Winterchild, Mini Square Necklace
The Mini Square Necklace features a handmade 1 cm x 1.1 cm sterling silver square pendant with the top end curved and bottom folded inwards so that the pendant slides along the 51 cm (20 in.) sterling silver curb chain.
- Aurora Dancing - I named this lovely dancer Aurora, she dances to her own rhythm, and in her wake she leaves beauty. Were I the wise woman of an earlier, less-scientific time, I believe this would have been my explanation of the magical Aurora Borealis.
- Dragonfly - A favourite memory is canoeing lazily in a pond near Mayo, with flashes of iridescent blue and green dragonflies buzzing everywhere. Few performances have captivated me so well. They had my undivided attention.
- Fireweed - The long, graceful fireweed is the Cinderella of the flowers. Where there is only charred wood from a past forest fire, the fireweed, as if by a wave of a wand covers this cheerless scene in a fuchsia blanket and we can then see beauty where before we could not.
- Grizzly Paw Print - When coming upon a Grizzly Paw Print we are instantly more aware of our surroundings and our senses become heightened, we quickly assess how old the print is and gauge our actions based on this. The Grizzly Bear is one of the most admired as well as the most feared of all the animals. The Grizzly Paw Print symbolizes strength, fearlessness and respect for boundaries.
- Husky Racing - Every winter, Yukoners avidly follow the progress of the dog teams participating in our world famous Yukon Quest. In the Yukon's past, however, the people of the north befriended the husky and relied heavily on it for survival. This image shows the oldest of friendships, the one between humans and dogs.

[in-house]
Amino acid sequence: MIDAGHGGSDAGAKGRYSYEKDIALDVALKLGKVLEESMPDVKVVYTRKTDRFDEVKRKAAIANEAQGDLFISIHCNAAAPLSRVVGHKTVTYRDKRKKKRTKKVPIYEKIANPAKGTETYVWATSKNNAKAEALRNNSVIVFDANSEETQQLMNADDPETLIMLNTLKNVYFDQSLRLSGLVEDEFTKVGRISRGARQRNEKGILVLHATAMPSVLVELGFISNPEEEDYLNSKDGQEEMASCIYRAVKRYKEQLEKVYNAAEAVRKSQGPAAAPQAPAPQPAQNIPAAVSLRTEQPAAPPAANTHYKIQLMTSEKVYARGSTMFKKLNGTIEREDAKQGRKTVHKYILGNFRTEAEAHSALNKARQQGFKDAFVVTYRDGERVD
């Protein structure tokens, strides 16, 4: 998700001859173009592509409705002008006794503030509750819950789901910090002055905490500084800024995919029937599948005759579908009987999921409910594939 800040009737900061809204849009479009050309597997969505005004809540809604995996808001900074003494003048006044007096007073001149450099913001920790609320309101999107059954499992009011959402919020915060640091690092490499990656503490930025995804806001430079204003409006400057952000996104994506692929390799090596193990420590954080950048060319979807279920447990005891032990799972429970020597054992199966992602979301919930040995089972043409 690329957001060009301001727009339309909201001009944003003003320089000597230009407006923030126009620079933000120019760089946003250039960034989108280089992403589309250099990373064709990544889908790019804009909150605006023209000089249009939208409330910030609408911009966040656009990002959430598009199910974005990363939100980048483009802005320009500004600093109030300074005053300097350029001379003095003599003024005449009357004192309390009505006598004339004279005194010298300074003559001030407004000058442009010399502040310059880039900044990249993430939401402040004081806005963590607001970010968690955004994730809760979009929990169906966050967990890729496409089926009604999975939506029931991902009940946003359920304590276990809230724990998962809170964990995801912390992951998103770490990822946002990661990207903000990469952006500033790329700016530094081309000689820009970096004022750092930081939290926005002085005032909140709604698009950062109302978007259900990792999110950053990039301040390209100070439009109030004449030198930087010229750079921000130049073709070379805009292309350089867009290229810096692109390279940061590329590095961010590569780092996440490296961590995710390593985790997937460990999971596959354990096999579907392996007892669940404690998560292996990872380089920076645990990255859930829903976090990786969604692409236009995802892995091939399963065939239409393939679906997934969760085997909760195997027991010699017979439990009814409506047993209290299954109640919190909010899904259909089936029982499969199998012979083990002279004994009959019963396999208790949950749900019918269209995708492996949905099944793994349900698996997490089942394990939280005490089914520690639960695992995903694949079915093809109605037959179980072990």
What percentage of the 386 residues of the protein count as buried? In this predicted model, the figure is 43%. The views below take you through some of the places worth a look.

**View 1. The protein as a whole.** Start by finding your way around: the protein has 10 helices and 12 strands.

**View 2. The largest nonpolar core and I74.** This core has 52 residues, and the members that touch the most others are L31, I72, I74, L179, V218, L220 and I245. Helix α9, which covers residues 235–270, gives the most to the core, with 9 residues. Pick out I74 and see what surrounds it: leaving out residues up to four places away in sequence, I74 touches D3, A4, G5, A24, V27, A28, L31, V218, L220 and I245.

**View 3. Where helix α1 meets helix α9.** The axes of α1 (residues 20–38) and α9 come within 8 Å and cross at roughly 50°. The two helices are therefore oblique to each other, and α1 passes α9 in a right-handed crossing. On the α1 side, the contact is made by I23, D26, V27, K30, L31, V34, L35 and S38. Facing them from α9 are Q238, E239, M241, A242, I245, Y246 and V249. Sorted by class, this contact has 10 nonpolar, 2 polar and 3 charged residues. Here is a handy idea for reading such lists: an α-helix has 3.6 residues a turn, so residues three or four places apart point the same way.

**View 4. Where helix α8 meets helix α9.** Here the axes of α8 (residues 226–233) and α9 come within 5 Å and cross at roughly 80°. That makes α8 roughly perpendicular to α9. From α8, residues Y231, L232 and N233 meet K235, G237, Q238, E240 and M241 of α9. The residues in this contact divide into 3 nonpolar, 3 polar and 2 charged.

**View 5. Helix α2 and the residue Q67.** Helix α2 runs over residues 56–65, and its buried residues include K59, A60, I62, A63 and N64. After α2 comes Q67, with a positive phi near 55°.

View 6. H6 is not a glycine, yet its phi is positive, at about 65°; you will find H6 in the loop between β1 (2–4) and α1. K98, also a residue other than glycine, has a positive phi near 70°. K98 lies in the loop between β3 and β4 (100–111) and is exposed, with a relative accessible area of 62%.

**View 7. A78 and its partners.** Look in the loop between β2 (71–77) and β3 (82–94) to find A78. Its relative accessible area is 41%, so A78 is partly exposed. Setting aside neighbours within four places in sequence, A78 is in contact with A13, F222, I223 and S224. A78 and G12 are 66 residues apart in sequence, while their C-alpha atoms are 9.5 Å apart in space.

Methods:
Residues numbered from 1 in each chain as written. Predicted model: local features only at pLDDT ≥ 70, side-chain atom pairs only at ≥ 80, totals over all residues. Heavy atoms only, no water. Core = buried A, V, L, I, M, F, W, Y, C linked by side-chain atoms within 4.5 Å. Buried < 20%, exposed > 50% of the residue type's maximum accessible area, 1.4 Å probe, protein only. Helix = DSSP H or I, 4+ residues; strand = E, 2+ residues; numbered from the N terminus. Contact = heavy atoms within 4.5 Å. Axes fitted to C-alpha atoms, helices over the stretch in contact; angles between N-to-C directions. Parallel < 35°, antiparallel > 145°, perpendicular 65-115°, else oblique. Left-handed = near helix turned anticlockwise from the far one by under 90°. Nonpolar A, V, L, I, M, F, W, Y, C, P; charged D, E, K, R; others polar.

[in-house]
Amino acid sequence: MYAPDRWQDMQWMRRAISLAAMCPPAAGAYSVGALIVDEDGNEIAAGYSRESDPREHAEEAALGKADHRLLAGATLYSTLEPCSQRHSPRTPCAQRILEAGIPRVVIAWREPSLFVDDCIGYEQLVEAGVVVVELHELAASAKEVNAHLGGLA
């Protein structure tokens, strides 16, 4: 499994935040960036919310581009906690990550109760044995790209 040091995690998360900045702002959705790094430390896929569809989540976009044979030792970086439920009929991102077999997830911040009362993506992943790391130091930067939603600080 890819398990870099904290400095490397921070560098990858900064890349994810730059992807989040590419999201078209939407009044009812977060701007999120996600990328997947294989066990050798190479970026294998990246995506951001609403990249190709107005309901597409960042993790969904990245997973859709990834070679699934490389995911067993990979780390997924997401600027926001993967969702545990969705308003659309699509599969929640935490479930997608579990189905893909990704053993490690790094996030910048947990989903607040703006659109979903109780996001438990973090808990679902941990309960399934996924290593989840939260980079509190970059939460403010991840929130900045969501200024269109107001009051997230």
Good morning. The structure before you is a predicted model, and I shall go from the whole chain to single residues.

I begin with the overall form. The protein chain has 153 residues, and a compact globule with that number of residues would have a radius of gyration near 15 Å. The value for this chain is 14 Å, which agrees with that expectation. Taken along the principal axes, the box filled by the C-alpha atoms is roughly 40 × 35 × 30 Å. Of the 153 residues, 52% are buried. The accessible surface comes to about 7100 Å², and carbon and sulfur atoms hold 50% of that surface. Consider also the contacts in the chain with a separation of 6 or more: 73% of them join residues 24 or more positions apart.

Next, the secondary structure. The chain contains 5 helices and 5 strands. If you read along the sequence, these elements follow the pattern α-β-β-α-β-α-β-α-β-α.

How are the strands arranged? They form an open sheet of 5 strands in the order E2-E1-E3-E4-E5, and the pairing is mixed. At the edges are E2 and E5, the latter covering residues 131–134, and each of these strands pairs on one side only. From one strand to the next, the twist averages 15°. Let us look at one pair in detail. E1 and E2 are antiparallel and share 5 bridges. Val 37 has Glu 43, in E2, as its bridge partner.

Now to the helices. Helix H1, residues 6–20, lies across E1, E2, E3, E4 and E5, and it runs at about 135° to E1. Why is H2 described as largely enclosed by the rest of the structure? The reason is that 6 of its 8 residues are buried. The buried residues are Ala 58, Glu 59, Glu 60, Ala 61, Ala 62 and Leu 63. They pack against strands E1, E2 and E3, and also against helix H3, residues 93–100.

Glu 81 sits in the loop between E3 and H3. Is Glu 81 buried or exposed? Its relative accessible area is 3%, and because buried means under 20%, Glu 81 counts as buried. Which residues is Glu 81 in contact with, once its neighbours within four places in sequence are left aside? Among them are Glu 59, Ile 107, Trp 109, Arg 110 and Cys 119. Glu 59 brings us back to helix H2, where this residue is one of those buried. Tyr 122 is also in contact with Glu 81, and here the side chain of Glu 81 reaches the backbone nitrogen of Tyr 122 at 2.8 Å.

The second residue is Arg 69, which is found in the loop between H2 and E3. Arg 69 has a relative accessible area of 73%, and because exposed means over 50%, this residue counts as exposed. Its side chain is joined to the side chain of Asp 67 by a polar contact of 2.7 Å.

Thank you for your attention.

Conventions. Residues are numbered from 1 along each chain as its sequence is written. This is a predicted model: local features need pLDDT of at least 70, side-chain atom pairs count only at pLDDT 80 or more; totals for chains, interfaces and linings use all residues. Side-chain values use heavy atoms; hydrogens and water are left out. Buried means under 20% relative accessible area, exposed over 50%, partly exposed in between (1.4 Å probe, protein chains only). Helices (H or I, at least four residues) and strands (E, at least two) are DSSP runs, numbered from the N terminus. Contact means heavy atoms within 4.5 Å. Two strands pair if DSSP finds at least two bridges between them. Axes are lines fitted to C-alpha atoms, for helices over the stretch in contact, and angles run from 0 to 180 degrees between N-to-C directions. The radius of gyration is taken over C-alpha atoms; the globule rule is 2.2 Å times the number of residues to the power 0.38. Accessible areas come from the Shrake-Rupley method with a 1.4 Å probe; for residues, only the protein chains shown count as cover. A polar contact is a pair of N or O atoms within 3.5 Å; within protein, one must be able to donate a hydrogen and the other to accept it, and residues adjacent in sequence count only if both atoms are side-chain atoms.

- Inukshuk - The Inukshuk is a well loved symbol of northern Canada. Built to look like humans the Inukshuk had many purposes, to show directions, to pass on messages or to help with hunting. Pictured here, an Inuit father and son are getting their bearings through observing the Inukshuk. This Inuit statue reminds us of how important it is to lend a hand to each other.
- Midnight Sun - In my Yukon community, on the Summer Solstice, most people never get any sleep. With the near 24-hour sun shining, we run marathons or have parties on a nearby mountain top. Truly, we do anything but sleep. With eyes closed and a smile, this image is my conception of the midnight sun. Always present, he must sneak in a few winks whenever he can!
- Pine - Having been transformed by the winds off the Great Lakes, each windswept pine stands out in the landscape, it's imperfection and perseverance capturing our admiration.
- Polar Bear - The polar bear, the most beloved symbol of the Canadian north because of its strength, intelligence and beauty.
- Wolf - One winter afternoon I caught sight of a lone wolf while driving. Slowing to a halt, I watched him walking in the snow, he stopped and looked directly at me before going on at the same pace. The pure confidence in his gaze made me fully understand why the wolf is so loved and respected.
Handcrafted by Winterchild Jewellery in Mayo, Yukon, Canada.